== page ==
Canadian History Dictionary Badin Father
(Bishop Laval era) Companion of Father Marquette, 62.
(Sir James Douglas era) With Dixon, sails from England, 1785, 2...
Dablon Claude 1619-1697 Born At Dieppe Educated At Paris And La
Fleche; joined Canadian mission, 1655; accompanied Chaumonot to...
(Tilley era) Recruits Fenian army in New York, 105; his force
Robineau De Portneuf Pierre
Son of Rene Robineau, Baron de
Becancour, a lieutenant in the ...
Chartered in 1849 as the Toronto, Sarnia, and Lake
Cape St Vincent
(General Brock era) British naval victory of, 10.
Taylor John Fennings 1817-1882 Born In London England Educated
at Radley, England, and came to Canada, 1836. Held various cler...
Charlottetown Conference 1864 Sir John A Macdonald Era Arranged By Tupper 104 The
Canadian proposals, 104; terms of union, 107. (Joseph Howe era)...
Index : Sir John A Macdonald Era Enters J A Macdonald's Law Office As A Student 6 Forms
partnership with Macdonald, 10; his letter to Macdonald on the ...
(Lord Sydenham era) Name of governor-general's residence at Kin...
Lamberville John De 1633-1714 Jesuit Missionary To The Onondagas
forced to leave his mission in 1687, because of Denonville's ex...
The first steam vessel in Canadian waters was the
(Count Frontenac era) His statements regarding Frontenac, 65.
Probably, according to Masson, a son of Joseph
(Wolfe / Montcalm era) Killed in battle of Ste. Foy, 264.
(Joseph Howe era) Father of Joseph Howe; a United Empire Loyali...
Seely Alexander Mclaughlan 1812-1882 Born In St John New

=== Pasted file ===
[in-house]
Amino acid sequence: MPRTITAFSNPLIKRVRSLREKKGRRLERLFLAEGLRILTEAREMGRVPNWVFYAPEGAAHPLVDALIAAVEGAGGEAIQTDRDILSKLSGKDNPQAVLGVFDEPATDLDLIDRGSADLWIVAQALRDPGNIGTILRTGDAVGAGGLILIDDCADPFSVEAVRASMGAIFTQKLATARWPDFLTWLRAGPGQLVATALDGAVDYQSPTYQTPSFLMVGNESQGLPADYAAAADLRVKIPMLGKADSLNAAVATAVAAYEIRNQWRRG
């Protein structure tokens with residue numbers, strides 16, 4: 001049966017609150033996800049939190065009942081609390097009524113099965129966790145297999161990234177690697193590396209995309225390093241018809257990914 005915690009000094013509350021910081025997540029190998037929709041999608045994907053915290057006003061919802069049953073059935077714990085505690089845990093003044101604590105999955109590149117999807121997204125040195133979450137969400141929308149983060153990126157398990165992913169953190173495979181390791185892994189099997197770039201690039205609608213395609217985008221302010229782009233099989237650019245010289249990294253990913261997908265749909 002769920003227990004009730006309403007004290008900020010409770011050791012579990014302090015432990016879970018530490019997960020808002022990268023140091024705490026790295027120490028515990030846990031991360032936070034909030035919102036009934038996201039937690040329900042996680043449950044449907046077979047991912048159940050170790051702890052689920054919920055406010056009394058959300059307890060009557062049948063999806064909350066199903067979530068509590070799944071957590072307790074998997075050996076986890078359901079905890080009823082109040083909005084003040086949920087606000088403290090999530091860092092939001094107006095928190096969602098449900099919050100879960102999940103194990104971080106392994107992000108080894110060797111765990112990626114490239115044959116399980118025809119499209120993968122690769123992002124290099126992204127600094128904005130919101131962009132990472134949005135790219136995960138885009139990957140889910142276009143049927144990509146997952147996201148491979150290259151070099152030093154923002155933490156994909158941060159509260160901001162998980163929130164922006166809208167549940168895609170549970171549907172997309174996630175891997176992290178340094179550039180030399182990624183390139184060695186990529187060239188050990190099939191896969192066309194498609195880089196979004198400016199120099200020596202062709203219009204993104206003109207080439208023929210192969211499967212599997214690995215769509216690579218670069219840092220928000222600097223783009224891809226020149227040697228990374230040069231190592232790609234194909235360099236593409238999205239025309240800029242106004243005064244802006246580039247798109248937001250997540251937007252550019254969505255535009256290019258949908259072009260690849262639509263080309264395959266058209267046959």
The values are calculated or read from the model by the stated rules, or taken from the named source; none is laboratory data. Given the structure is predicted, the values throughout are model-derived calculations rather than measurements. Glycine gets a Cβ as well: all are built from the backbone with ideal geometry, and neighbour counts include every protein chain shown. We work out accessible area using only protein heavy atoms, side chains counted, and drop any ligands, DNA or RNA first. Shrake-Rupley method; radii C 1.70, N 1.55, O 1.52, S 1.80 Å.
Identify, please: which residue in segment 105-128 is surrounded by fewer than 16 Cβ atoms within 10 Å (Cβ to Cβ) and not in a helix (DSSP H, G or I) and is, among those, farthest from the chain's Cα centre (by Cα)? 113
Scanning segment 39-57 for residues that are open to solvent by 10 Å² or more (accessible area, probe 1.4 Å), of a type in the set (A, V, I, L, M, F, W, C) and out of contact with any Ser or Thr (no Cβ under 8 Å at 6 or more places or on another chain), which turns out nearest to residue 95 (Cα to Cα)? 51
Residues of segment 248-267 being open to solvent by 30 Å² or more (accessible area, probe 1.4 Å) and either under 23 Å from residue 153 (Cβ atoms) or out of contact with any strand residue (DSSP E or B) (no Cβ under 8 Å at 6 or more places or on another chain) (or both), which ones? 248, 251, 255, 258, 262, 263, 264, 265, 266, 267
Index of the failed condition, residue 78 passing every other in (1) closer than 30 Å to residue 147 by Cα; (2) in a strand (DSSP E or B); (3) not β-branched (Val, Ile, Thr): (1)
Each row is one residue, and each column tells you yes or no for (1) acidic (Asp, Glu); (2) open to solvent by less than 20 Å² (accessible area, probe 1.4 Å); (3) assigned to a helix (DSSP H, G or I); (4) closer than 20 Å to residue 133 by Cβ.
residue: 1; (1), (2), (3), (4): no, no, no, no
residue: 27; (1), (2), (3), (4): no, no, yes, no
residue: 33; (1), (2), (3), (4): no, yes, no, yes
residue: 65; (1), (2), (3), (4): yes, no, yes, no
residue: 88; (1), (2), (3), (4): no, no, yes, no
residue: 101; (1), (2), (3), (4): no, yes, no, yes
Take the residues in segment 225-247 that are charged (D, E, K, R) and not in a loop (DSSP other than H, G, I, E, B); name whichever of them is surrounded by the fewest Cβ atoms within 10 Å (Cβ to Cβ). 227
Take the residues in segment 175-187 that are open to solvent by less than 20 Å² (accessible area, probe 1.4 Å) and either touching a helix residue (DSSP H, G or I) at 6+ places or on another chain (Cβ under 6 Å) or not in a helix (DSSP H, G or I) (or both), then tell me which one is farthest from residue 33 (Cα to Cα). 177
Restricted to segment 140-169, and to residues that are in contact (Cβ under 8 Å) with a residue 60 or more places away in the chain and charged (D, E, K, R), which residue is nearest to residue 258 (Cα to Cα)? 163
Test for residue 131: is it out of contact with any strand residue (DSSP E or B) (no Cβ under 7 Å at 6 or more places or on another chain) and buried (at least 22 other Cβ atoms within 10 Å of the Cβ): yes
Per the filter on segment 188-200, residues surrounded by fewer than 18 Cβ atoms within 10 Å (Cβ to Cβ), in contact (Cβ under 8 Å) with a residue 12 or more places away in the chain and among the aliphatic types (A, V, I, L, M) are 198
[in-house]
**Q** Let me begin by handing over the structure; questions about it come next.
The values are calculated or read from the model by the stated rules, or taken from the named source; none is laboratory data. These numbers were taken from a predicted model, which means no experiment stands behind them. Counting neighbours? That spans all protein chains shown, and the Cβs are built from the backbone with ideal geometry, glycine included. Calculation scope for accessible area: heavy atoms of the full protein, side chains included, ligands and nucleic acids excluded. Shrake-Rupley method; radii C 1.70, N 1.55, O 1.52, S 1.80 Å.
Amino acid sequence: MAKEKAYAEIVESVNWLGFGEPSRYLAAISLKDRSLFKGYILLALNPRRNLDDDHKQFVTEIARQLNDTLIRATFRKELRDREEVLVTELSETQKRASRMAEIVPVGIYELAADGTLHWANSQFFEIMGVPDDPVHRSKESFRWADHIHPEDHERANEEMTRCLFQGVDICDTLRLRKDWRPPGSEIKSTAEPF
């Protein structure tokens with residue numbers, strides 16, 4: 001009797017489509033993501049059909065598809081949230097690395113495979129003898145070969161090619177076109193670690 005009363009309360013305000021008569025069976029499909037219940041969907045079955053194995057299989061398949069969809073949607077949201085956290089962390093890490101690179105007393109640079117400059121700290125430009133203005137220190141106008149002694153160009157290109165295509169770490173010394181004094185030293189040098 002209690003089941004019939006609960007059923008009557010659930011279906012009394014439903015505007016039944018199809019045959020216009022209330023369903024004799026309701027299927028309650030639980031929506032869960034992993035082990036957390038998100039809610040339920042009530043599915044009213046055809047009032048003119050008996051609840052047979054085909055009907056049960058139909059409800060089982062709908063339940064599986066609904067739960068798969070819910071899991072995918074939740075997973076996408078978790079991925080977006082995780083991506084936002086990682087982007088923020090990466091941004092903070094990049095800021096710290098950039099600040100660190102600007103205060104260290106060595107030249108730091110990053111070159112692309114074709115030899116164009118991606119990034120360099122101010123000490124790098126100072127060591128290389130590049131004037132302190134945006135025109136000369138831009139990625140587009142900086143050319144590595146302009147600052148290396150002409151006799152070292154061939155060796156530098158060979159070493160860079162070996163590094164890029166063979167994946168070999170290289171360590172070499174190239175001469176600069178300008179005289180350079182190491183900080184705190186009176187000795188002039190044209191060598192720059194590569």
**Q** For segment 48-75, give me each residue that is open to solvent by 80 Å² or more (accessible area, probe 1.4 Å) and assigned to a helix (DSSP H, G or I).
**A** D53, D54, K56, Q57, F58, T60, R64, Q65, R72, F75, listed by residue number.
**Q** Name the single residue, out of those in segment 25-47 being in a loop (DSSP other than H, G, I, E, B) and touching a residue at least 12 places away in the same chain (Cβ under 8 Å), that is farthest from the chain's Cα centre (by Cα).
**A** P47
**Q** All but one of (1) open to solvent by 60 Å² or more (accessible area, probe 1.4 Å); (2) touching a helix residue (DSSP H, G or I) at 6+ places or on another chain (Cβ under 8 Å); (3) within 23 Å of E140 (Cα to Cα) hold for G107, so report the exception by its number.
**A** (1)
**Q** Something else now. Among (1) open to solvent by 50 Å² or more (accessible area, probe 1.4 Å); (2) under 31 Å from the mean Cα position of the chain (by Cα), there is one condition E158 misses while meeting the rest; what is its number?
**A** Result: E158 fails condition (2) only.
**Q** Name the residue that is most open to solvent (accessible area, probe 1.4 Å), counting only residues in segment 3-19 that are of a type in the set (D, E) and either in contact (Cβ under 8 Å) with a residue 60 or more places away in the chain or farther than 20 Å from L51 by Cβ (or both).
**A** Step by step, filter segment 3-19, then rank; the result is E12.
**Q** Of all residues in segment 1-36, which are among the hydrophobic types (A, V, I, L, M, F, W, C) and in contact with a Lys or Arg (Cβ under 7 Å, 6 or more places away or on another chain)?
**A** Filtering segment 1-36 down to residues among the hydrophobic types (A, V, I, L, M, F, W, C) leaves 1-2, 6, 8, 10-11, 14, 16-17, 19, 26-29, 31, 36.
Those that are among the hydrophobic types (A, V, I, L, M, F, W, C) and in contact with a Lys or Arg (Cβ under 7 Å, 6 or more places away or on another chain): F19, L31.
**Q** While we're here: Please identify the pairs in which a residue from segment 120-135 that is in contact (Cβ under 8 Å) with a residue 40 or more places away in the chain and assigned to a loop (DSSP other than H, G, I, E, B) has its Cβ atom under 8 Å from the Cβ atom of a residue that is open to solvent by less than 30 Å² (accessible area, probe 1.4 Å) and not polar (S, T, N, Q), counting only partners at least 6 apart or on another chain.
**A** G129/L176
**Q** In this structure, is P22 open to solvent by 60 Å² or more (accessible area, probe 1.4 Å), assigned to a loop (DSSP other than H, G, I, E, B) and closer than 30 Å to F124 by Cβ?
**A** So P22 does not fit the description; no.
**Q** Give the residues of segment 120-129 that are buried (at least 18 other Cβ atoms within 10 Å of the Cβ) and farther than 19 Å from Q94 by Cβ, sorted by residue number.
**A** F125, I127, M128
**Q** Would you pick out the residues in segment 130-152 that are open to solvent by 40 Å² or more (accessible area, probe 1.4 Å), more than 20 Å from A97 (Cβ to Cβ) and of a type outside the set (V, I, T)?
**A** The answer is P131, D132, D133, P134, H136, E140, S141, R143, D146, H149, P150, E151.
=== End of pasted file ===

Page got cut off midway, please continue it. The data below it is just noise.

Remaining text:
Brunswick. Engaged in lumbering, shipbuilding, and in banking. ...
(Count Frontenac era) Author of Frontenac et Ses Amis, 229; his...
Capital of the province of Saskatchewan, and formerly of the
A literary and scientific society, founded at
Montreal in 1844, and incorporated in 1852. It included among its early
members most of the leaders of the more progressive and independent
element in Quebec political life, among them A. A. Dorion, Eric Dorion,
Joseph Doutre, Rodolphe Laflamme, and Wilfrid Laurier. The success of
the parent society led to the founding of similar Instituts throughout
the province. Although popular among the laity, these societies
encountered the determined opposition of the Roman Catholic Church, led
by Bishop Bourget of Montreal. The outside societies yielded to clerical
pressure, but the Montreal Institut stood upon its rights. The fight
went on for many years, but finally most of the Roman Catholic members
dropped out, and the books and papers were transferred to the Fraser
Institute. =Bib.=: Willison, Sir Wilfrid Laurier and the Liberal
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